Sweet potatoes are ready. There are still a lot waiting to be dug, maybe they’re getting bigger in there, but we picked a couple beds and cured them so we could get you started eating them now. This week will be the culls that won’t store well — some that were cut or damaged in the harvest, and some that were “peeled” by an accidental trip through the root washer. They were mistaken for a bag of carrots, and with so much mud on them it wasn’t evident until the skins were already gone! Eat these asap. By next week we should be on to better quality ones that can be stored as desired.
For winter squash, the butternuts are approaching full flavor, so they’ll get tossed in the mix with buttercups and spaghettis. The acorn and carnival will be available too, in the white bag and/or separate with the big squashes. Delicata is ready too. Please eat delicata, acorn and carnival soon. Eat delicata this week. They are not great keepers. The buttercups and ambercups can usually store, but ours should be eaten soon. Those varieties are awesome to eat but susceptible to some unknown rot on this farm. Butternuts and pie pumpkins are the best keepers we’ve got. (Butternuts are long with a bell-end and tan; Buttercups are round and green, with a “beanie” and a “nubbin.” Ambercups are round bright orange, and will be ready soon.) We sort very carefully for good flavor and soundness, but if you ever get a rotten squash (sometimes it is hard to tell if they are rotten), just let us know and we will give you another one.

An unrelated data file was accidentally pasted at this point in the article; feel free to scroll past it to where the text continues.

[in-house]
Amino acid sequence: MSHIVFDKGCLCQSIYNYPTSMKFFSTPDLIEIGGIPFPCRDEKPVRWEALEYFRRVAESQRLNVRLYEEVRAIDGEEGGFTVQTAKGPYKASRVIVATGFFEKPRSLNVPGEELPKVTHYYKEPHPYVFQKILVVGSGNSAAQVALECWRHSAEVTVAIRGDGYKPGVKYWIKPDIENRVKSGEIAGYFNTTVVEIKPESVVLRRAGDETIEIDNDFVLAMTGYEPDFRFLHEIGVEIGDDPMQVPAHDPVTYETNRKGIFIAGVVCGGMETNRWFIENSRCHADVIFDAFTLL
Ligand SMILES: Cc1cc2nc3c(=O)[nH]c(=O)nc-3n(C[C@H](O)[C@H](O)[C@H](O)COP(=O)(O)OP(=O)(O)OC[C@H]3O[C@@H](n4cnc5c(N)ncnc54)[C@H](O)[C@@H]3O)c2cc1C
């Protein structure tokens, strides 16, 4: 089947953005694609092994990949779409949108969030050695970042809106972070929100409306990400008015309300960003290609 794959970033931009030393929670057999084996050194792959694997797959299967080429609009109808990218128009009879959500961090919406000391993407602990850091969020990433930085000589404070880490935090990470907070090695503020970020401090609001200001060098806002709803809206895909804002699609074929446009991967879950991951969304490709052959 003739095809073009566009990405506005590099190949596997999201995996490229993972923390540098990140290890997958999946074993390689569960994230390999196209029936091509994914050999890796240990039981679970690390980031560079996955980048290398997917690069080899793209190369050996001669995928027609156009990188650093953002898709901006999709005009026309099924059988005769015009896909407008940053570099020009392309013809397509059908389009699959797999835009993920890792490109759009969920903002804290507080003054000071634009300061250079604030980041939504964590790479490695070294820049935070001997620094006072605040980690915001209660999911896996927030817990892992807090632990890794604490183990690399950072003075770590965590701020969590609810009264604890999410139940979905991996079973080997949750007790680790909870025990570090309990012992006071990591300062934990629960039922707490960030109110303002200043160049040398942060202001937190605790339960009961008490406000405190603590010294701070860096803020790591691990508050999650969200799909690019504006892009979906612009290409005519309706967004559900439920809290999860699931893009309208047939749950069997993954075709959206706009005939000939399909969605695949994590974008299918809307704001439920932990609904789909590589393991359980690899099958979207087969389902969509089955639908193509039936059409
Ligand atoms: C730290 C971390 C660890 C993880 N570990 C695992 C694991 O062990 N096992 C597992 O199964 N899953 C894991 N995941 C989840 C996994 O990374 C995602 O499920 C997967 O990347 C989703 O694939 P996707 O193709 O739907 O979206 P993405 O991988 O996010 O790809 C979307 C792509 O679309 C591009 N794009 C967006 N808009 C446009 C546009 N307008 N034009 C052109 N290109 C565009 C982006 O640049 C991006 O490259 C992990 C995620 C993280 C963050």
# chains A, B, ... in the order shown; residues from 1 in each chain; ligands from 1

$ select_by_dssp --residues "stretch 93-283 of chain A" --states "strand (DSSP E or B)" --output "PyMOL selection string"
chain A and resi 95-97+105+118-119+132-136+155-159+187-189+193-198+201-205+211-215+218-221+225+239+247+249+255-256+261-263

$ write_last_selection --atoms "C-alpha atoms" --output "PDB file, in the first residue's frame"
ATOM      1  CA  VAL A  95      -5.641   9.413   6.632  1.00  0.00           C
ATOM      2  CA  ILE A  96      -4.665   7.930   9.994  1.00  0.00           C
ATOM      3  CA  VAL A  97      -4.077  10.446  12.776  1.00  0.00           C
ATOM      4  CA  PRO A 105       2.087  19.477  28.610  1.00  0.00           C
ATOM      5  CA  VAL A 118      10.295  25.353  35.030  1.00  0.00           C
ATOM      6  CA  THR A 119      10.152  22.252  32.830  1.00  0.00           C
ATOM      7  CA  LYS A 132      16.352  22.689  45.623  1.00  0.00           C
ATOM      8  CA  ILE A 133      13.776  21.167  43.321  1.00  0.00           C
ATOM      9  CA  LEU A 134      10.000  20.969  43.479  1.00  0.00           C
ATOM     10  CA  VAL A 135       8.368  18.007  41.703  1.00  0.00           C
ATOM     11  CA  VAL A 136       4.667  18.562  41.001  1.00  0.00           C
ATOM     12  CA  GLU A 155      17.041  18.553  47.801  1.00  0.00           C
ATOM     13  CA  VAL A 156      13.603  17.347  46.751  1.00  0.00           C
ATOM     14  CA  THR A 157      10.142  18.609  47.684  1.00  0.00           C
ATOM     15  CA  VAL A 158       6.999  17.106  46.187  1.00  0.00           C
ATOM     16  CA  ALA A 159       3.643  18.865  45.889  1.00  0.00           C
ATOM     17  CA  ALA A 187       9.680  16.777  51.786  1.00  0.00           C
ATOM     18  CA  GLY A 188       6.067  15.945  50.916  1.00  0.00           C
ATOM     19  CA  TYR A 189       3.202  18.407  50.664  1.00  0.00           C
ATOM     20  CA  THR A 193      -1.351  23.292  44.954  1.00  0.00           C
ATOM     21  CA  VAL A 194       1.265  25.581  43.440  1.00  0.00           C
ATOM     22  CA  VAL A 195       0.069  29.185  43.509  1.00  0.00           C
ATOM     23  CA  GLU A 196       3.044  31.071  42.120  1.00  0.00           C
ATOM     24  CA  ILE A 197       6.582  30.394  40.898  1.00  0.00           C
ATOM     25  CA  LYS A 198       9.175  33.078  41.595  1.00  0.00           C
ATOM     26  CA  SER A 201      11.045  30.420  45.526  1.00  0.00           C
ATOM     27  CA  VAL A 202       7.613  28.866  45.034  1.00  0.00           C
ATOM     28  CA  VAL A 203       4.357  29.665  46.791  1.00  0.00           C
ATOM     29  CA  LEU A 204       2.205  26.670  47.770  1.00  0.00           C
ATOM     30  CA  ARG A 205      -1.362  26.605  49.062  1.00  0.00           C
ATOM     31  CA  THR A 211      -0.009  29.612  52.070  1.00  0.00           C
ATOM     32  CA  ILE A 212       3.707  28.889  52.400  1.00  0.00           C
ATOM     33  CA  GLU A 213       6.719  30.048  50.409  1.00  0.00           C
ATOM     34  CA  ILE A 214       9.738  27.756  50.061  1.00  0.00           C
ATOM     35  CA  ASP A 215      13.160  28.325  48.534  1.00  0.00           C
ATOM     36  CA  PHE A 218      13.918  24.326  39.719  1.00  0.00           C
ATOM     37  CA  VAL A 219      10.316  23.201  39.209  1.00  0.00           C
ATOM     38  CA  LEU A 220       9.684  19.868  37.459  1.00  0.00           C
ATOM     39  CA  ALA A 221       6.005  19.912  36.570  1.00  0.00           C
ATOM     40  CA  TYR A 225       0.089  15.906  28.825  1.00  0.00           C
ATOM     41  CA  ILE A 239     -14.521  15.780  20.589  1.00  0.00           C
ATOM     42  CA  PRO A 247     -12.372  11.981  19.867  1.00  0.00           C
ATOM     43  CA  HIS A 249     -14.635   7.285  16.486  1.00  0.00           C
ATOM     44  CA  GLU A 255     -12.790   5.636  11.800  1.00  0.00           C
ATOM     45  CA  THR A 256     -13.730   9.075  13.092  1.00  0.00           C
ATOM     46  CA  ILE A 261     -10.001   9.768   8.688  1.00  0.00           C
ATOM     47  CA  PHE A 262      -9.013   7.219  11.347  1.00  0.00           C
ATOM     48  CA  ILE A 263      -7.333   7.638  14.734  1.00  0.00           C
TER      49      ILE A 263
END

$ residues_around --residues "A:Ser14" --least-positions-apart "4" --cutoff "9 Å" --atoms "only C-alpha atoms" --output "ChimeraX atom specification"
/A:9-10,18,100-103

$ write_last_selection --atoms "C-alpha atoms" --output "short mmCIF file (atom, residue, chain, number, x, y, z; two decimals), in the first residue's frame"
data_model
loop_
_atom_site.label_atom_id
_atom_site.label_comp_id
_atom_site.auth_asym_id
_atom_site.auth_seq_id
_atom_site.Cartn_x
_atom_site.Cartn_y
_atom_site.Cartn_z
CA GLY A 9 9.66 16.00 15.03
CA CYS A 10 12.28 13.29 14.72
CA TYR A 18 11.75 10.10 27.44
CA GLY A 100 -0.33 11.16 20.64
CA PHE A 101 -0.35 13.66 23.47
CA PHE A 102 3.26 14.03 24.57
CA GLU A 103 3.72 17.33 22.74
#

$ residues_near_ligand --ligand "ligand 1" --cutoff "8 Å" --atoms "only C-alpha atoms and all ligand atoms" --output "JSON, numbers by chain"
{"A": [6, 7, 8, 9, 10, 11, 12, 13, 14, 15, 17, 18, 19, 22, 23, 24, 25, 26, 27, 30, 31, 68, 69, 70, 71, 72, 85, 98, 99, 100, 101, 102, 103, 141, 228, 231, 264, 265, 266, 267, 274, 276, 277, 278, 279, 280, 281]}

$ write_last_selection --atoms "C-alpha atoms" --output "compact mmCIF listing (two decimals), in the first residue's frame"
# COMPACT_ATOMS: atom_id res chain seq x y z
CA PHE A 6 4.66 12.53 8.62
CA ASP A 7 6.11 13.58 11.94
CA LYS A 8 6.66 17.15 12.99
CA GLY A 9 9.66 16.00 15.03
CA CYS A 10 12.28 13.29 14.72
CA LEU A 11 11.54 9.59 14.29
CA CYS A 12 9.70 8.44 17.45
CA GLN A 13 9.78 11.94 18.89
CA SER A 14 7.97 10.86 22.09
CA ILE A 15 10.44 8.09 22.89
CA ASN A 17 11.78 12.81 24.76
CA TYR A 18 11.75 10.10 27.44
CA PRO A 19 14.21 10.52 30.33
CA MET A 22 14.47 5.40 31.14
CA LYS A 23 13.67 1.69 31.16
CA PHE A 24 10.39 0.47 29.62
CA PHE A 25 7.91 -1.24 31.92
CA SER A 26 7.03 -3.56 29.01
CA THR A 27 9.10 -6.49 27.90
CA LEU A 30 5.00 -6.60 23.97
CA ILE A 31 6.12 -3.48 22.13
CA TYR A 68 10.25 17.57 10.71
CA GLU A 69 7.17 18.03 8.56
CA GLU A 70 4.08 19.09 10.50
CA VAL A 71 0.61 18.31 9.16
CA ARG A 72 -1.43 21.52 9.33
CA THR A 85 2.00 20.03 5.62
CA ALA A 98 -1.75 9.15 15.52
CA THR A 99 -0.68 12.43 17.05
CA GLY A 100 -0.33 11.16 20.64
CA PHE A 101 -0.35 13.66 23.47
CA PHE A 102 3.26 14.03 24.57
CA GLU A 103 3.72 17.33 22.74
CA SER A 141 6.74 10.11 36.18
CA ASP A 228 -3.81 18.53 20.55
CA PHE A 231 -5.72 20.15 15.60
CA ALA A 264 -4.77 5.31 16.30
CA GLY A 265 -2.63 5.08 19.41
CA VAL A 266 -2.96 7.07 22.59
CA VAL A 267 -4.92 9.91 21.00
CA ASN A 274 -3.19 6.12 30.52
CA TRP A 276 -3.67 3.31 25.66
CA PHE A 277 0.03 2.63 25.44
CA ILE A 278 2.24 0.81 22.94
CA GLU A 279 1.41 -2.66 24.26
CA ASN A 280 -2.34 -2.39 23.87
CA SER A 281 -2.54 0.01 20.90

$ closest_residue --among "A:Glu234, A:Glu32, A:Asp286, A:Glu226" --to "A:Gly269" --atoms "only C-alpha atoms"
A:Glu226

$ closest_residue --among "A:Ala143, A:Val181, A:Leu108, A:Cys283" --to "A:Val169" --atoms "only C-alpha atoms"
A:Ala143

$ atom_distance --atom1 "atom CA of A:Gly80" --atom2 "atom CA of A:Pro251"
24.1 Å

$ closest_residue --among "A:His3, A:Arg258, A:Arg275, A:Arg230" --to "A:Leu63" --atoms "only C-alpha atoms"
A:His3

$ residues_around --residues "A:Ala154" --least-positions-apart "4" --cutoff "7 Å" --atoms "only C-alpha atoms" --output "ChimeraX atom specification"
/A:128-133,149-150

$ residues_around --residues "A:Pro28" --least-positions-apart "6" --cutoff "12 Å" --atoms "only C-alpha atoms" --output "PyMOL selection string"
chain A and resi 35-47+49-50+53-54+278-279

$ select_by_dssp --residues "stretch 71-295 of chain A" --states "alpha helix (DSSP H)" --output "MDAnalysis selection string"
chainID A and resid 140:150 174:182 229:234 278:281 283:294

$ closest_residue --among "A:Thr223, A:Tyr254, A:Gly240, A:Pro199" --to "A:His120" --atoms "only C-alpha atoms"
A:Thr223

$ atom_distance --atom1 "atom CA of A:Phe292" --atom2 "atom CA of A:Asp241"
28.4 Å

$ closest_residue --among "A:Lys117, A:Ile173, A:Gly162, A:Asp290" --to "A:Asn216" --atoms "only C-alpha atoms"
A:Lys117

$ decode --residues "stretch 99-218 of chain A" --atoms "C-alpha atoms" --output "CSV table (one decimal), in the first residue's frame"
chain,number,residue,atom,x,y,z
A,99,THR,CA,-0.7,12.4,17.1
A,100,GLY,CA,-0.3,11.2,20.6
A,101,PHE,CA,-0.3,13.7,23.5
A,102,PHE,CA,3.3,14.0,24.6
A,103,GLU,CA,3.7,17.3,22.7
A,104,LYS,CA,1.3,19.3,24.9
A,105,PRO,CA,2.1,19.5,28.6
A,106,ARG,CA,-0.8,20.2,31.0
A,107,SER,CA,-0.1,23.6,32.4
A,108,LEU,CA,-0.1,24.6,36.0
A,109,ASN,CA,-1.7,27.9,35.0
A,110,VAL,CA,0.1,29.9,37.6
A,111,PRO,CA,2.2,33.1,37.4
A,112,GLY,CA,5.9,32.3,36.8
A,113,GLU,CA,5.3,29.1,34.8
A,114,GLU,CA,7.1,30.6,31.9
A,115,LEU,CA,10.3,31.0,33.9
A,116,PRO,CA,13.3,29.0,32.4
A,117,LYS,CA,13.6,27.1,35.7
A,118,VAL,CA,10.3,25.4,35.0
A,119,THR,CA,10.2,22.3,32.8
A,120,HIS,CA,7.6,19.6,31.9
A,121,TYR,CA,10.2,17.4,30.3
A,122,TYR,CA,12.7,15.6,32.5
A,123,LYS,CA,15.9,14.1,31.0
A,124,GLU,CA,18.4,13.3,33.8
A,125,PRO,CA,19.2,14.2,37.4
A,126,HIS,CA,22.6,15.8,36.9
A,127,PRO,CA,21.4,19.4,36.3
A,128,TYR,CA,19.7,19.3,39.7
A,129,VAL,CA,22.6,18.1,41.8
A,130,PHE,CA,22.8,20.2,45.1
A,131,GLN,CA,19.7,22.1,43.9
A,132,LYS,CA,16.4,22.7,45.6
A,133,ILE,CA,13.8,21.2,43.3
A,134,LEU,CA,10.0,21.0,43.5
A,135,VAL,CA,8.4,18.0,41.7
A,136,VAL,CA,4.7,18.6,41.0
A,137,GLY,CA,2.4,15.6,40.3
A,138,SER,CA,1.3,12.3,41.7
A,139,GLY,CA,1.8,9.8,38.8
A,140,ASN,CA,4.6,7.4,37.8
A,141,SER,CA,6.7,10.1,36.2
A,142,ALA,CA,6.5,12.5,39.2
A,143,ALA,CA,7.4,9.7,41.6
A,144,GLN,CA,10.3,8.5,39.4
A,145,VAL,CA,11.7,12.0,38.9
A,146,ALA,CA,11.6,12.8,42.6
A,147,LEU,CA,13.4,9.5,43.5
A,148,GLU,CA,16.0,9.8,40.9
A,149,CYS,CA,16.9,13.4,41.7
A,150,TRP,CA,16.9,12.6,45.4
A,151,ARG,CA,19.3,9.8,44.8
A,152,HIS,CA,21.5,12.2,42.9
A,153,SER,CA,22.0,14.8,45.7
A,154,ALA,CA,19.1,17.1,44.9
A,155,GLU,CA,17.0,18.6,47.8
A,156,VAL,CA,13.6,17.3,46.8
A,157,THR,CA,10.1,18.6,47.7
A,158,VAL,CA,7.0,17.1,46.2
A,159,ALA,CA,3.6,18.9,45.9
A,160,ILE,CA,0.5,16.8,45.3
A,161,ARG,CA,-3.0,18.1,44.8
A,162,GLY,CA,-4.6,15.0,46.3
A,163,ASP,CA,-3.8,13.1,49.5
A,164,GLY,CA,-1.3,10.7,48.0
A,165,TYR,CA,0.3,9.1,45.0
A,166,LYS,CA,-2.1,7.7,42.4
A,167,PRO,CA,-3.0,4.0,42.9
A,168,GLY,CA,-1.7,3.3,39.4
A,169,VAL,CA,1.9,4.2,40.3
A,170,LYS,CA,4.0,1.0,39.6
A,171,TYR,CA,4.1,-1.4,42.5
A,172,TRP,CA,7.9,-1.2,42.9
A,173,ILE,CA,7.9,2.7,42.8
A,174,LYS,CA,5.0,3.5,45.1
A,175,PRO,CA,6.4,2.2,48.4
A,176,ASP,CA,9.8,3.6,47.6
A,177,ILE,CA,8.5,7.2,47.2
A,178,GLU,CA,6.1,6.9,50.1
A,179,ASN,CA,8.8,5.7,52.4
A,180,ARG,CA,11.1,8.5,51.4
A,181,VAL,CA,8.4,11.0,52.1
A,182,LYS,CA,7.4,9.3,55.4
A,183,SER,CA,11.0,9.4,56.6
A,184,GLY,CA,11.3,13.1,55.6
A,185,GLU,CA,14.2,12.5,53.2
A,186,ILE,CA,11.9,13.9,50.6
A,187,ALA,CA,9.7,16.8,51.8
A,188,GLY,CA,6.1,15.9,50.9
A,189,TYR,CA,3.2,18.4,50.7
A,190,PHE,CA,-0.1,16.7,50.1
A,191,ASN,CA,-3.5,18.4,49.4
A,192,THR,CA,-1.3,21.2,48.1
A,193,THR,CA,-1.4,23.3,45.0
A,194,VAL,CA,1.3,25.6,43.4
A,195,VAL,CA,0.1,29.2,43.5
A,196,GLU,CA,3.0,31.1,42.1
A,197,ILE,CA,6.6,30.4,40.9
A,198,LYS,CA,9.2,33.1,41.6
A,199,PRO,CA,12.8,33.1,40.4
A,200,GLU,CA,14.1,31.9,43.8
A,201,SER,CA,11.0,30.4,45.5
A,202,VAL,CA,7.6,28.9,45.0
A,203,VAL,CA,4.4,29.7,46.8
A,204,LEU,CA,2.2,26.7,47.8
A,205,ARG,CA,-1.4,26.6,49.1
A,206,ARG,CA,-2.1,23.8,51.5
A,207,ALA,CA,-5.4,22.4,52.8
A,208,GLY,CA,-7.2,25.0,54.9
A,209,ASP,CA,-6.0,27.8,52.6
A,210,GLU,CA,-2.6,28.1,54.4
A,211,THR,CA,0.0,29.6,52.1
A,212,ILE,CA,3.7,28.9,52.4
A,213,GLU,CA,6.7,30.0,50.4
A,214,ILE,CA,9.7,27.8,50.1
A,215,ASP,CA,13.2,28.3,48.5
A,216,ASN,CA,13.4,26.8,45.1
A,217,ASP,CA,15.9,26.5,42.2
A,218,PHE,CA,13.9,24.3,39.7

Basic squash cooking: Method #1 : Cut in half, carefully with a sturdy sharp knife, scoop out seeds, place upside down on lightly oiled pan for 45-60 minutes at 350 degrees. Method #2: Cut in half, scoop out seeds, peel with knife, and cube. Boil, roast or microwave until tender.
There must be other ways but these are the most common place to start. Once squash is tender, it can go anywhere. Okay, not anywhere, but where can’t you put a sweet-tasting, hearty-feeling and smooth-textured delicacy? We love to eat them as is out of the oven; or mixed with butter and maybe sage, replacing pumpkin in a pumpkin pie, layered in a lasagna or at the bottom of an egg bake, in a coconut milk curry or other curry, or in a cheese sauce with pasta (especially in Zippy Cheese Sauce with garlic and hot peppers, p 92 of The Moosewood Cookbook.) The list goes on. We’ll keep extra cooked squash in the fridge and they always find a home. And honestly, if we let one go by in the fridge our dog loves it too, and she’s actually gotten as picky as us. If they’re not at peak flavor, she won’t eat ones we cooked when trialing to find out which ones are ready (those go to the chickens.) We hope you love squash as much as we do, and if you don’t yet, try it out, because there’s lots coming, and your farmers say it’s good for you!